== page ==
The entire novel is in the form of a monologue, and the narrator-protagonist addresses a courthouse presided over by a patient judge and the reader alternately. While the reader, who acts as the judge, and the judge, who acts as the reader, are directly implicated, Viel is not one to give things away hastily. His craft lies in the deliberate delay ... Kermeur’s crime makes him not an impetuous jerk, but a Nietzschean. That is the bigger point the novel is making, or trying to make. It is not about poetic justice, but artifice ... Viel’s power is in inverting the rationale of law, and in taunting those who are complicit in its finality. Article 353 is a subtle interrogation of the ways justice is conceived of and delivered. For Kermeur, after all, more than the rigors of the method, it is a matter of capricious fortune.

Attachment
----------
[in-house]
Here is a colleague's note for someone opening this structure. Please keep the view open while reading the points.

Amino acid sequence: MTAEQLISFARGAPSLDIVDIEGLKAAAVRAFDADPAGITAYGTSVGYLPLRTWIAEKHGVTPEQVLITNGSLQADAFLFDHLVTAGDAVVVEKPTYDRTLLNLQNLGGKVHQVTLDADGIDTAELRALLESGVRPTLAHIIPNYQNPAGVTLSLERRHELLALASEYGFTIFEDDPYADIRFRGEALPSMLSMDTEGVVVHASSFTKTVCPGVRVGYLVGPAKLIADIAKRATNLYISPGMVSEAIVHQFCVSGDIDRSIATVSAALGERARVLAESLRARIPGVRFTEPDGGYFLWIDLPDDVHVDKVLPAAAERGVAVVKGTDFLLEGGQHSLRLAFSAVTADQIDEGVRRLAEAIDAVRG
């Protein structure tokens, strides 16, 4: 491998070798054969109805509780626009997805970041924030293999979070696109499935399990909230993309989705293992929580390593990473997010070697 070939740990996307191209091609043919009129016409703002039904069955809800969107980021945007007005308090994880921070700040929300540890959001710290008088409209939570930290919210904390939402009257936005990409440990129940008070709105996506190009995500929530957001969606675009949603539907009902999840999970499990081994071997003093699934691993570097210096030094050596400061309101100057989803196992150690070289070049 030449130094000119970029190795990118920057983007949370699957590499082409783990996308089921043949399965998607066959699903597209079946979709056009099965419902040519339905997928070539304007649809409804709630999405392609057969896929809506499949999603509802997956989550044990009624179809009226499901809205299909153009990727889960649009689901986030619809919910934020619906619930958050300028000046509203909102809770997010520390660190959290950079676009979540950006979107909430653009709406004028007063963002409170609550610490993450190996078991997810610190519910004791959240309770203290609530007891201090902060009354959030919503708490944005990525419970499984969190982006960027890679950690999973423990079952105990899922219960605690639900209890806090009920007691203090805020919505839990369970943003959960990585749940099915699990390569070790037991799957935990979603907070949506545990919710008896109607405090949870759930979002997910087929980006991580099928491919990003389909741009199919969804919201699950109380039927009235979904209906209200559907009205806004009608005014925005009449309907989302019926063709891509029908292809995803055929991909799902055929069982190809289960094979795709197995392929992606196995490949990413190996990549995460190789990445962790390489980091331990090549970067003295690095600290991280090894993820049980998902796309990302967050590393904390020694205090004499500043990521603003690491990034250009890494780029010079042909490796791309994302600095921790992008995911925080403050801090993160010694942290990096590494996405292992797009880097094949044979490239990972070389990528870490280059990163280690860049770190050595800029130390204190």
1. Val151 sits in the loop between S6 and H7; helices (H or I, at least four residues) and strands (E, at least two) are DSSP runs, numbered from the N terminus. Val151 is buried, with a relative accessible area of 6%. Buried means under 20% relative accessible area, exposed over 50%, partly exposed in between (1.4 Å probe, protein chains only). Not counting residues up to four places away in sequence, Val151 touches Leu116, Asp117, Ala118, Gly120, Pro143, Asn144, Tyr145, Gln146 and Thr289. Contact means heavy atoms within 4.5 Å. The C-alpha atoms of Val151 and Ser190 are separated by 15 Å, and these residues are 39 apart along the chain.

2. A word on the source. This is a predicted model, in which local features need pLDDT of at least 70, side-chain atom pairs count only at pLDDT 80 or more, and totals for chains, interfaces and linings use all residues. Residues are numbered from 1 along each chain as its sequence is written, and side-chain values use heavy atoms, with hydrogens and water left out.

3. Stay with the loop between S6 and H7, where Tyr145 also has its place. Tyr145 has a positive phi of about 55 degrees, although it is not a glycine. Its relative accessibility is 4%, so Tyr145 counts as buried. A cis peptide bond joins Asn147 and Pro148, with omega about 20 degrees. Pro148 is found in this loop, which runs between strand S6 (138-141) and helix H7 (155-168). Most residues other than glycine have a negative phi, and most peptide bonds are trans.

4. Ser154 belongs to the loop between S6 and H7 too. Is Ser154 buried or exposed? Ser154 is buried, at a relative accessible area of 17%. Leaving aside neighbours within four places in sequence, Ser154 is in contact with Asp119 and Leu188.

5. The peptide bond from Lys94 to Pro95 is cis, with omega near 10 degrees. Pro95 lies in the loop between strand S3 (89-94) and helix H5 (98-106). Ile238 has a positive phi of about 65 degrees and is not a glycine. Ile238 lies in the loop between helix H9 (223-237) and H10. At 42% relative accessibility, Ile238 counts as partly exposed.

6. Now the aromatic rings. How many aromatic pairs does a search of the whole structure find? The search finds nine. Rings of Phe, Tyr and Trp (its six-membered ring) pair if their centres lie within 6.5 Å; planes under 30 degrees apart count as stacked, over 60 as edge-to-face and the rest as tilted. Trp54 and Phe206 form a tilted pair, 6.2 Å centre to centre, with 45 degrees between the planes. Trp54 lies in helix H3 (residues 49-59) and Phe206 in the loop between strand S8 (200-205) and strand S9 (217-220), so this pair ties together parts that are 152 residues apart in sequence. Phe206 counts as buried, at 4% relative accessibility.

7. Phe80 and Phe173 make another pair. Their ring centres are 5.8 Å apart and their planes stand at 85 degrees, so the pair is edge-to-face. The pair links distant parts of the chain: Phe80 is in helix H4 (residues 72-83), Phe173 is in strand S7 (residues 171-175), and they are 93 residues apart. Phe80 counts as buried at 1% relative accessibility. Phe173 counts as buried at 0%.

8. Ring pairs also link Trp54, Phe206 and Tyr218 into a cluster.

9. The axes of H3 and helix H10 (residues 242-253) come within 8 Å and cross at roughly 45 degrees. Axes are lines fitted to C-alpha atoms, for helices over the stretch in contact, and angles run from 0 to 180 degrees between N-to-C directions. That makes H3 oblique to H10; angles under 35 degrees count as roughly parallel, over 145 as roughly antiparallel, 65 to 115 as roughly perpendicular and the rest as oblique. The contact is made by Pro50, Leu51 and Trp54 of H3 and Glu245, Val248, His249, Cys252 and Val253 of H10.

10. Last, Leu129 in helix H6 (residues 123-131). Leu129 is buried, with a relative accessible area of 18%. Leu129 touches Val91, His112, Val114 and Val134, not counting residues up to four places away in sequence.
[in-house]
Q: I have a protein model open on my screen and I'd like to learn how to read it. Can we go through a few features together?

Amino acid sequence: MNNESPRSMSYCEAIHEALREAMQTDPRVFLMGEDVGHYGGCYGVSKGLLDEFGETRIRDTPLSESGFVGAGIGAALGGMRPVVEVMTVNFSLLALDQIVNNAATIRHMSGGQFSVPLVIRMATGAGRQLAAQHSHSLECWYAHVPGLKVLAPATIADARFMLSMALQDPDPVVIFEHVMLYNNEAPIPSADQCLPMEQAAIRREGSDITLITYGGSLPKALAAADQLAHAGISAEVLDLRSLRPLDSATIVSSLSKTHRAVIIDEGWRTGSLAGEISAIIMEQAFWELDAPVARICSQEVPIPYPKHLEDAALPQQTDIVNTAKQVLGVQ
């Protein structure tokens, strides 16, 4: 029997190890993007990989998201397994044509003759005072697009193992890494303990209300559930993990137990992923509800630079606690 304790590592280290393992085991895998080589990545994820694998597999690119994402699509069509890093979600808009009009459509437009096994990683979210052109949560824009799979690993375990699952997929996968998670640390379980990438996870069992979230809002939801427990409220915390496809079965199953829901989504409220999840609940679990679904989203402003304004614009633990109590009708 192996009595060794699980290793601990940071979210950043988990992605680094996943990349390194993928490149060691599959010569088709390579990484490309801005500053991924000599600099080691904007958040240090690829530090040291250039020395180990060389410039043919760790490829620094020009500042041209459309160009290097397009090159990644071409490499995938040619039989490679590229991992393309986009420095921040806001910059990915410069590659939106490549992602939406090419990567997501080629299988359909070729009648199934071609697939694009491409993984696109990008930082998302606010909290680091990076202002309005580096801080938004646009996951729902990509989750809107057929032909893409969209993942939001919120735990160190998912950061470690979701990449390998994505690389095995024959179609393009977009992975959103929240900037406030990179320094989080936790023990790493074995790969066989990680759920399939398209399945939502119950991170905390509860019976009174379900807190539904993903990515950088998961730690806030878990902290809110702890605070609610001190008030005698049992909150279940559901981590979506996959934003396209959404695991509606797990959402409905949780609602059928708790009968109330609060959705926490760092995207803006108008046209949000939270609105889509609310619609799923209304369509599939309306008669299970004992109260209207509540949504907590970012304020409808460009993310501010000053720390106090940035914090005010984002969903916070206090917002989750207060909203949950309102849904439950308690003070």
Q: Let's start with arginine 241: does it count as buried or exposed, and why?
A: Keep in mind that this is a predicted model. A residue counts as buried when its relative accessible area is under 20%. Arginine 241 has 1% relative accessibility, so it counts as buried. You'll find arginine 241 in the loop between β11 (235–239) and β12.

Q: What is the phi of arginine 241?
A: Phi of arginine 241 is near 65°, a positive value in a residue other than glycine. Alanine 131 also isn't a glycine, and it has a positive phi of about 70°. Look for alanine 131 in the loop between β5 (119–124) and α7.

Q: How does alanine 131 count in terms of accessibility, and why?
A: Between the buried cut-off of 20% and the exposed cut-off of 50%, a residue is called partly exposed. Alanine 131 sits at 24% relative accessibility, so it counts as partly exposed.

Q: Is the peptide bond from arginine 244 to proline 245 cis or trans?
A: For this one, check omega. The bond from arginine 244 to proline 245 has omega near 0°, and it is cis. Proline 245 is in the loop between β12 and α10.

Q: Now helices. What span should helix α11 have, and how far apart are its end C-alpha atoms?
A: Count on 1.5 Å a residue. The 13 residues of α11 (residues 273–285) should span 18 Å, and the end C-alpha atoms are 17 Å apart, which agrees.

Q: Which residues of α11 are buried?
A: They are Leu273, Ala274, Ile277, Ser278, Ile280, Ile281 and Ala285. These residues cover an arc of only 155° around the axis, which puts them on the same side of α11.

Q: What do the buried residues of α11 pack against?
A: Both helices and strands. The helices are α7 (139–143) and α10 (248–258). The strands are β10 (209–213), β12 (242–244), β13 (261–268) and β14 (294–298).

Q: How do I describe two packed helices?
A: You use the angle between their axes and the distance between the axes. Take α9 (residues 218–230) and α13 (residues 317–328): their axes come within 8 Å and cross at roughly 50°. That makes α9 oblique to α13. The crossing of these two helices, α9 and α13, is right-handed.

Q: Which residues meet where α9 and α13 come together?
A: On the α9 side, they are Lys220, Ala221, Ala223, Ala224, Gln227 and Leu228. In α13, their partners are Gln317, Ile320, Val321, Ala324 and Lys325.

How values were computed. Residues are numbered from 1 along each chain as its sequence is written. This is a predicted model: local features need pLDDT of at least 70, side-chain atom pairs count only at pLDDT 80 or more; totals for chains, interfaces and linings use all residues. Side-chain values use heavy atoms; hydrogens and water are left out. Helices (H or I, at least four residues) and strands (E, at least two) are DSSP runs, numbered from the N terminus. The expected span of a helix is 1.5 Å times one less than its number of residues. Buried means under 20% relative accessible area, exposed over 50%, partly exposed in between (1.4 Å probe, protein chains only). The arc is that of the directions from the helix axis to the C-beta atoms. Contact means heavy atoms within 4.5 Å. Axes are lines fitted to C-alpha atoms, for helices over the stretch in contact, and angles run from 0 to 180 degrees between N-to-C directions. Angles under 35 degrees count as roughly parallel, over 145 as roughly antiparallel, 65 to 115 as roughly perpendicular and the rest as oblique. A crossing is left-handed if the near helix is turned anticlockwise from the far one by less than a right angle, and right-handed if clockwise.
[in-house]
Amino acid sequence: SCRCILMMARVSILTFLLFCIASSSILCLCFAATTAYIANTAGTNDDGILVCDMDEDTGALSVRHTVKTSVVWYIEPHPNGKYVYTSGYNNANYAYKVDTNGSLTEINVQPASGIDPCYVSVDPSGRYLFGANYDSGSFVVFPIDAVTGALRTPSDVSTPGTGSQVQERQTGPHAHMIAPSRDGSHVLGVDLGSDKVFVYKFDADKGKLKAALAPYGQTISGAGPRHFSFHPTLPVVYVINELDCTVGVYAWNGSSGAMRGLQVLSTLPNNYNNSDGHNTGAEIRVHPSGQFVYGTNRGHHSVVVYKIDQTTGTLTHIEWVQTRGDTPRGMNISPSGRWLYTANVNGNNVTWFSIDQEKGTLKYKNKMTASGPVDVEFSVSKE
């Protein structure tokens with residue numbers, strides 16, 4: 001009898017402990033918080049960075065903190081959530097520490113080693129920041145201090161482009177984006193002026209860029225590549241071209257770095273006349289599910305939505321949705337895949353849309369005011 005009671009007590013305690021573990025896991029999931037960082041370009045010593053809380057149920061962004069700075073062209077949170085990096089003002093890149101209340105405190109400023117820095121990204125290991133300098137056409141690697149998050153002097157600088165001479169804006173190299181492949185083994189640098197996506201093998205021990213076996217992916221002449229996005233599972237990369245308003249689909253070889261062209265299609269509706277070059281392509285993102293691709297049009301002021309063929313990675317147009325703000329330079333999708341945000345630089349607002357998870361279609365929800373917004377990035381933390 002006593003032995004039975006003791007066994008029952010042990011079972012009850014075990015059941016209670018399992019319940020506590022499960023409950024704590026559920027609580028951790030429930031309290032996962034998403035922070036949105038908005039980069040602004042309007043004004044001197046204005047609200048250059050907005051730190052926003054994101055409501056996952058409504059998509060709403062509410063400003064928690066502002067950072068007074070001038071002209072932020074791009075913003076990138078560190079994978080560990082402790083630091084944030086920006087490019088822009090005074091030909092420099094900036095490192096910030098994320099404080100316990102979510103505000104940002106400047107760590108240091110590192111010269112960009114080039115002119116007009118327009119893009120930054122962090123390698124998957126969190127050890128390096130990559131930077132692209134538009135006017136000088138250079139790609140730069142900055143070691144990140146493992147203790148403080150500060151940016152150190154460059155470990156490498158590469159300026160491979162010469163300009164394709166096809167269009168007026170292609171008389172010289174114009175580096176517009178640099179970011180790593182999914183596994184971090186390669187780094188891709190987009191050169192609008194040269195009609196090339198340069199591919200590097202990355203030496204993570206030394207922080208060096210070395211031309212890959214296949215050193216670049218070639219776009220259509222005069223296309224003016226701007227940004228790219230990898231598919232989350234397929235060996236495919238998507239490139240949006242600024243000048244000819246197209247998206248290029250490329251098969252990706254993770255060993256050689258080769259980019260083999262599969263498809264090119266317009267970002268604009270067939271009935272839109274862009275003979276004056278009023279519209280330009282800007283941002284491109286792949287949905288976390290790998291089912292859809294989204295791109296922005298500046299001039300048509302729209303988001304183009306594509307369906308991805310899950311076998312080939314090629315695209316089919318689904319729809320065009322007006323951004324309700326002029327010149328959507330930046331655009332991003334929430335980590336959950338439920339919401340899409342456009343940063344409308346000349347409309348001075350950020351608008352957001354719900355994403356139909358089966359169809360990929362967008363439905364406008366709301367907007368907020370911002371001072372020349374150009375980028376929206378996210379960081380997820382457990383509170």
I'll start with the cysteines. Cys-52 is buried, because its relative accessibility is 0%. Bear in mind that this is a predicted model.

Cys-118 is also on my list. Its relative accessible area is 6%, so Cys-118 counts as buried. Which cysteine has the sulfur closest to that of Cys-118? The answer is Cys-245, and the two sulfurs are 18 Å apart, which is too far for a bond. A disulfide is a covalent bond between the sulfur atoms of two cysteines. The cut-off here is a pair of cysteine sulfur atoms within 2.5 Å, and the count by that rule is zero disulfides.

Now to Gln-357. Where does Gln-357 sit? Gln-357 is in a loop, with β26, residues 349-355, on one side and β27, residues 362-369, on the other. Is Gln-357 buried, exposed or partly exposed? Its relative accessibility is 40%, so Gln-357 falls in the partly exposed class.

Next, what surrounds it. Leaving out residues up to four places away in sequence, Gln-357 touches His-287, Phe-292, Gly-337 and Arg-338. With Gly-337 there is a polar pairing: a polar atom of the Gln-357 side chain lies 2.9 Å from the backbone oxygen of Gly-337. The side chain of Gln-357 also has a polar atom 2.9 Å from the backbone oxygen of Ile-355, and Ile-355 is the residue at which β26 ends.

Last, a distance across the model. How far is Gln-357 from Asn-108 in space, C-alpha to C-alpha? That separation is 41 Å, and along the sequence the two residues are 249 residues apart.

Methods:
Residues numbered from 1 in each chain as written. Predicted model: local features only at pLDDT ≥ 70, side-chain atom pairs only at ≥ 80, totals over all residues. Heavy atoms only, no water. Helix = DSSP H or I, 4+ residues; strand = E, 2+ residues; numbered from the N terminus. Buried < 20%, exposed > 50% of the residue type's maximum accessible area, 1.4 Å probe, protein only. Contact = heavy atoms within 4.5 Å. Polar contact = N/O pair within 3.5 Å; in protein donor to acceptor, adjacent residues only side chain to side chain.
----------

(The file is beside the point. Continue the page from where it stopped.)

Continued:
Sharp and memorable ... Kermeur’s high hopes result in a steep downfall. The reader has seen it coming, for early on Kermeur tells the judge that his story is about 'a run-of-the-mill swindle.' But Viel’s novel is much meatier than that. It shows how Kermeur was duped but also how he and those around him coped with it ... Like the fog that blankets the town and pervades the novel, all is hazy; but gradually, and tantalizingly, outlines emerge from the murk and reasons are revealed ... At the end, the novel’s blandly bureaucratic title is explained, and we find ourselves with the tricky task of deciding whether the judge’s punishment fits Kermeur’s crime.